In an effort to optimize patient outcomes, considerable attention is being devoted to identifying patient characteristics associated with major depressive disorder (MDD) and its responsiveness to treatment. In the current study, we extend this work by evaluating whether early change in these sensitivities is associated with response to antidepressant treatment for MDD.
Participants included 210 patients with MDD who were treated with 8 weeks of escitalopram and 112 healthy comparison participants. Of the original 210 patients, 90 non-responders received adjunctive aripiprazole for an additional 8 weeks. Symptoms of depression and anhedonia were assessed at the beginning of treatment and 8 weeks later in both samples. Reward and punishment sensitivity were assessed using the BIS/BAS scales measured at the initiation of treatment and 2 weeks later.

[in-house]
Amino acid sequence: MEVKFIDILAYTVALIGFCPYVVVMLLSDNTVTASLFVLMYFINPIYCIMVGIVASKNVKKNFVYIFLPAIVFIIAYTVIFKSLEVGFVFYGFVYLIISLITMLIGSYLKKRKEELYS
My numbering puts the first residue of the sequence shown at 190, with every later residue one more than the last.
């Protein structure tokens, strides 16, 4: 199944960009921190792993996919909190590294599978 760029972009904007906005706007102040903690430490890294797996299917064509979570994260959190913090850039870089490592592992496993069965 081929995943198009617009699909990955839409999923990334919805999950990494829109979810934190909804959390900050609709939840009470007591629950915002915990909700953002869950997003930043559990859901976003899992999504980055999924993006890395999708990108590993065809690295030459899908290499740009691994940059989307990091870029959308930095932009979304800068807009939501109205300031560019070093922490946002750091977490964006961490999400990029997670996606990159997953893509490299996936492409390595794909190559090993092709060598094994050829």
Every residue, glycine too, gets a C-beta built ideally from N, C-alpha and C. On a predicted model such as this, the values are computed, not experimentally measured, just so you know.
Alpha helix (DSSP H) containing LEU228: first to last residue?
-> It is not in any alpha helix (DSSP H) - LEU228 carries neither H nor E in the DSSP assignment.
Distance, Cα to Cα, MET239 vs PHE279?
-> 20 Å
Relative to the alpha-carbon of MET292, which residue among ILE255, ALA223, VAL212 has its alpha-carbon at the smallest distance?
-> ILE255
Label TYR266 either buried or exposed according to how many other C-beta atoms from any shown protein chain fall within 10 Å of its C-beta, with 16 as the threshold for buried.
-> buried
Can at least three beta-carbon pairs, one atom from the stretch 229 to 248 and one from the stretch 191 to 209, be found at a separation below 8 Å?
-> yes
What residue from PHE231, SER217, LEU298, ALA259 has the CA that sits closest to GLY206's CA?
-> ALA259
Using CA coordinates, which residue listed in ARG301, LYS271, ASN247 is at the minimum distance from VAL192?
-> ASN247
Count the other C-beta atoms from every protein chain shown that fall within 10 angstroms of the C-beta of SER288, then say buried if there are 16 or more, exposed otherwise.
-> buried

Individuals with MDD exhibited higher punishment sensitivity and lower reward sensitivity compared with healthy comparison participants. Change in reward sensitivity during the first 2 weeks of treatment was associated with improved depressive symptoms and anhedonia following 8 weeks of treatment with escitalopram. Similarly, improvement in reward responsiveness during the first 2 weeks of adjunctive therapy with aripiprazole was associated with fewer symptoms of depression at post-treatment.
Findings highlight the predictive utility of early change in reward sensitivity during antidepressant treatment for major depression. In a clinical setting, a lack of change in early reward processing may signal a need to modify a patient's treatment plan with alternative or augmented treatment approaches.